WASHINGTON, D.C. — Maps are central to our outdoor economy, and our industries like ranching, timber and mining here in Montana.
But getting access to the vast database of federal maps hasn't always been the easiest. However, that could change under a bill advancing in the U.S. Senate.
If you spend any time outdoors in Montana you quickly realize that not all maps are created equal. And that situation hasn't been helped by not having equal access to the extensive mapping data still trapped between the paper and digital age.
The new MAPLand Act seeks to change that.
The Modernizing Access to Our Public Land Act just moved out of the Senate and Energy Natural Resources Committee this week and is headed to a vote on the floor of the Senate.
"So what this does, this ensures that our federal public land agencies are modernized and caught up to the digital age by making maps and other information that's publicly available, available also in a digital form. It's exactly what my bipartisan bill does," explained Senator Steve Daines.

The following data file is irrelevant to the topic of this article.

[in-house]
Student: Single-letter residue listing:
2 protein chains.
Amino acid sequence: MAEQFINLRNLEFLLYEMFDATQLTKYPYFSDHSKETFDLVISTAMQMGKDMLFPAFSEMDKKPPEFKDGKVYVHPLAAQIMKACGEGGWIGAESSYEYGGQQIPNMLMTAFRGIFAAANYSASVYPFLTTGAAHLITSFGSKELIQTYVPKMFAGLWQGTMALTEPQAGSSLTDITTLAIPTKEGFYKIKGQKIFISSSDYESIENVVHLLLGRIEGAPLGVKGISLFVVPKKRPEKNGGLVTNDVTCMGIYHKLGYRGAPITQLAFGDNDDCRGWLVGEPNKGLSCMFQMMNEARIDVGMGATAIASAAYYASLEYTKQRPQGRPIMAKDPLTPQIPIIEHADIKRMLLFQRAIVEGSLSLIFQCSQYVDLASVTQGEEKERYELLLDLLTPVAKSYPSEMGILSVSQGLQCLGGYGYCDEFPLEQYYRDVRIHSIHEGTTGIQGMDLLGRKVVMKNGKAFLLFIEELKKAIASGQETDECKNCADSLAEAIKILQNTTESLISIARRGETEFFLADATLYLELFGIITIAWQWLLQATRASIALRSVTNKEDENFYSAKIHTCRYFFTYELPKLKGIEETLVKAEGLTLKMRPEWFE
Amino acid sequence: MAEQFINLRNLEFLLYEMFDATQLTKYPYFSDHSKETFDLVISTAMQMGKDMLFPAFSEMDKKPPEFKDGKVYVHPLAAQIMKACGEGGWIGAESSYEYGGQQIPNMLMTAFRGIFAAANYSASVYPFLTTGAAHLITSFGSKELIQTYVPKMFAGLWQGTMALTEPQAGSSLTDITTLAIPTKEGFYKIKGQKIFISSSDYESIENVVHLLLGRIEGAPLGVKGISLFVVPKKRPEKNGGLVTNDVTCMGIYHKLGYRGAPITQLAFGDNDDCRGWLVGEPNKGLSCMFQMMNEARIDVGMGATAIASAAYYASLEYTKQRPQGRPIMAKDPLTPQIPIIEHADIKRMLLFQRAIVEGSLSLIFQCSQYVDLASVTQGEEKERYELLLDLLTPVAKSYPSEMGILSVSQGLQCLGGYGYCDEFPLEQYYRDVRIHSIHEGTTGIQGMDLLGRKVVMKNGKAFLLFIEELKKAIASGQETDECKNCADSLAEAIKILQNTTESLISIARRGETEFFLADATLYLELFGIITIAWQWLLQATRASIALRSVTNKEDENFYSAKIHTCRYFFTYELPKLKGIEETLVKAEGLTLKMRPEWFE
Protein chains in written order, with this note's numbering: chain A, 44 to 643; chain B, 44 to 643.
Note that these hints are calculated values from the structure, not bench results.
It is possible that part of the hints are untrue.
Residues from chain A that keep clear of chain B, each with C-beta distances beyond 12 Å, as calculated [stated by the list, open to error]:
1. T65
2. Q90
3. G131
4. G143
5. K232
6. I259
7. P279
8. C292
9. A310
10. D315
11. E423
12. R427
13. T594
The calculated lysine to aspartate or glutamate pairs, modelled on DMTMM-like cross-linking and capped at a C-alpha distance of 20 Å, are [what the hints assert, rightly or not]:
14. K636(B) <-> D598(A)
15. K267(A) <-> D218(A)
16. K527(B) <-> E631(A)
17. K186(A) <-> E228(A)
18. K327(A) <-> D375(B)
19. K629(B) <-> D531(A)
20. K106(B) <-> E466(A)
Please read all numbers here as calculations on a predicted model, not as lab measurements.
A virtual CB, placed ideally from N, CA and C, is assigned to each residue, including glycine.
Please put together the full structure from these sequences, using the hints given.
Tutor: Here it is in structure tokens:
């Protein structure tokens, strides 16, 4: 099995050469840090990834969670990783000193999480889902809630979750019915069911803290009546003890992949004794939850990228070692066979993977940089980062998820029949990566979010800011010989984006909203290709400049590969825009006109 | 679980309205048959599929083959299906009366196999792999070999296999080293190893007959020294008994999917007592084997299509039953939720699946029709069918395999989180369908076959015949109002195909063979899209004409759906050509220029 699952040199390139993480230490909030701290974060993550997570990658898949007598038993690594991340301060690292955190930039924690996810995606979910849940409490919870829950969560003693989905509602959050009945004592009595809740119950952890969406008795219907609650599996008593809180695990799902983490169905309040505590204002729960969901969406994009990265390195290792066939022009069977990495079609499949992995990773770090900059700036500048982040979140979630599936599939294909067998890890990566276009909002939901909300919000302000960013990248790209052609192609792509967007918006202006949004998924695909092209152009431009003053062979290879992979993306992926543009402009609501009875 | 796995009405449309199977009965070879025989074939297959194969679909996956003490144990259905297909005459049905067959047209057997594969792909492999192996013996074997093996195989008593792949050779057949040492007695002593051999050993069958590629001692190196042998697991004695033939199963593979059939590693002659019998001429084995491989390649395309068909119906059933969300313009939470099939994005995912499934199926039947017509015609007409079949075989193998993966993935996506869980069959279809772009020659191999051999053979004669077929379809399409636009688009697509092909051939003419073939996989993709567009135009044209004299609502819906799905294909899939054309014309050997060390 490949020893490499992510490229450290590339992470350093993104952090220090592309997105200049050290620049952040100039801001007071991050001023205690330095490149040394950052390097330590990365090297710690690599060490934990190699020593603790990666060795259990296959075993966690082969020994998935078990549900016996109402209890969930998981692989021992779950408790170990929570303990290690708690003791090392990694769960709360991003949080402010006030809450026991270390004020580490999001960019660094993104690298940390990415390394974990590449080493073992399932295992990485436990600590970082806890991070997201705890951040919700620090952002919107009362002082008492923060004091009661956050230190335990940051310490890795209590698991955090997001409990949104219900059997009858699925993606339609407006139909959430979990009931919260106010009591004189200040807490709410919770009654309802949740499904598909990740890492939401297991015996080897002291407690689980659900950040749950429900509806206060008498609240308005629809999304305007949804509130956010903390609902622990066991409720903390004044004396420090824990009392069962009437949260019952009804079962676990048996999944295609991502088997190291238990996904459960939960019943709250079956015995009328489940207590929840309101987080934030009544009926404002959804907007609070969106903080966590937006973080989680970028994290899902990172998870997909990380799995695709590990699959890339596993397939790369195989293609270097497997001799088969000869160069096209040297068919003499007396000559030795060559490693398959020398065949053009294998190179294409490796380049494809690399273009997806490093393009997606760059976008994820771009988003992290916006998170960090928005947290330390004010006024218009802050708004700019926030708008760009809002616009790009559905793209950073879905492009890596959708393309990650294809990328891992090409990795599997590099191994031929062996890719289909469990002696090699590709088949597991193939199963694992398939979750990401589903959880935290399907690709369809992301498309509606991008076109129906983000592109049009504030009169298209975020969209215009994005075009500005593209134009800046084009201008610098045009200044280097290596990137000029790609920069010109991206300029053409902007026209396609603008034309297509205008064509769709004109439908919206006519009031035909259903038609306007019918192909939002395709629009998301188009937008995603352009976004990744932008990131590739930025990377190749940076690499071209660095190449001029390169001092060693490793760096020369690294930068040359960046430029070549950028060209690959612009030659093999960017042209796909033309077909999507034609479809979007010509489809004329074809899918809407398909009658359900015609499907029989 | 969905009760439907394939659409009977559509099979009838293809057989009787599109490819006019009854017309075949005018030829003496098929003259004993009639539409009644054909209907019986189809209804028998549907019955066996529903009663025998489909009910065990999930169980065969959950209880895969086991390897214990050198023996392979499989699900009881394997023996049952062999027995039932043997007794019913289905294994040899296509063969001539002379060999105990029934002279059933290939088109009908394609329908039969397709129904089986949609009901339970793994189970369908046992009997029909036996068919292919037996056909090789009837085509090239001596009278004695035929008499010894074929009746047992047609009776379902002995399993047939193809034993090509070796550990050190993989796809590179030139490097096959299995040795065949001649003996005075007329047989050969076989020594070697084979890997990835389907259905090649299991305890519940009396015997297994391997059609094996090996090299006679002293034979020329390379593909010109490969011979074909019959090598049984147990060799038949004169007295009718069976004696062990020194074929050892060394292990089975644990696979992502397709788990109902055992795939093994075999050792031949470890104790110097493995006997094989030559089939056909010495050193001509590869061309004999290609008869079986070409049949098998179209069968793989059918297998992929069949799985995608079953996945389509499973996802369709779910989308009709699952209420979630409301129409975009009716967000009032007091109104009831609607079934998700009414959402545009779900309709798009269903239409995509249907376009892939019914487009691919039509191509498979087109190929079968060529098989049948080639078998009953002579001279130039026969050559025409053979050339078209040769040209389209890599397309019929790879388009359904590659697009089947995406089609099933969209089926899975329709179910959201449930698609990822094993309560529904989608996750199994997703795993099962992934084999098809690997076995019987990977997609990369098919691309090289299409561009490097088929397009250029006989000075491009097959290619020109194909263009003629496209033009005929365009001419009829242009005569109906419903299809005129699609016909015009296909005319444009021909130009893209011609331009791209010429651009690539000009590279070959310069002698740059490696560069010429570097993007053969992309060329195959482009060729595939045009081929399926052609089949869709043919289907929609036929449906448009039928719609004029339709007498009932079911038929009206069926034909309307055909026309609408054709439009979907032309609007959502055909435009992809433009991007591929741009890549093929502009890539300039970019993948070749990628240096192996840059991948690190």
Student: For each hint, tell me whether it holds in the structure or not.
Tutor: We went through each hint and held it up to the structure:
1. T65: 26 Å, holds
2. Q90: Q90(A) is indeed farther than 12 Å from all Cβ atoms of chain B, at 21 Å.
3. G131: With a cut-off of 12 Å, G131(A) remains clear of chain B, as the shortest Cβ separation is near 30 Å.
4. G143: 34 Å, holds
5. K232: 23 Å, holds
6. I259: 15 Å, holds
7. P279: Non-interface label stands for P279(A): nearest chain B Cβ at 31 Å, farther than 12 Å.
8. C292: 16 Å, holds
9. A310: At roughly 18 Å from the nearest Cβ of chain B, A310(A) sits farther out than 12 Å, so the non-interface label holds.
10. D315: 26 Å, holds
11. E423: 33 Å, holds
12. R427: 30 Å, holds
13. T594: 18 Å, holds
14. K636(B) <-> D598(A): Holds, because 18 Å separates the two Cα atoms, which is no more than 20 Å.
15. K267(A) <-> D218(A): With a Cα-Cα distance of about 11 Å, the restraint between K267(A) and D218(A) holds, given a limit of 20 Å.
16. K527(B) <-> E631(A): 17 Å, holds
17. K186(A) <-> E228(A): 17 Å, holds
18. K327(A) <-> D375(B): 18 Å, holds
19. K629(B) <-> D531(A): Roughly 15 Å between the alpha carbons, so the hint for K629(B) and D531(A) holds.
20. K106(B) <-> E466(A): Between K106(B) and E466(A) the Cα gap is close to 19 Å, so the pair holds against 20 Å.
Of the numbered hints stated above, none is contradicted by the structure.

"Of course, we always want to protect private property rights. But the better access we have in these maps, the more clarity it brings to where the public land's end and the private lands begin. So it's a win for private landowners and, importantly, it's a big win for Montanans who love our public lands," Daines continued.
While there has been a growing ability to access public agency maps in recent years, there are frequent "holes" in the information and if you can find digital versions, they frequently cost far more than subscription maps from commercial services. Or the maps you might find online are out of date and don't provide road and trail information to keep up with the boom in outdoor recreation.
"Right, and they have a common uniform standard across all of these federal agencies that have jurisdiction over our public land. It's time to bring the federal government up to the 21st century standards and digital age," said Daines.
More of us are depending on commercial mapping solutions, like Gaia GPS, which I've used for several years, or the Montana-based onX maps. Daines told MTN News the MAPLand Act shouldn't impact those services.
"So many Montana including myself have the onX maps on our phones and I use that all the time when I'm out hiking and hunting and fishing. This just requires now the Department of Interior, the Forest Service, the Army Corps, to digitize and publish mapping data on road and trail closures, hunting boundaries, transportation restrictions. It's just a way to better communicate to the public about what's going on in public lands."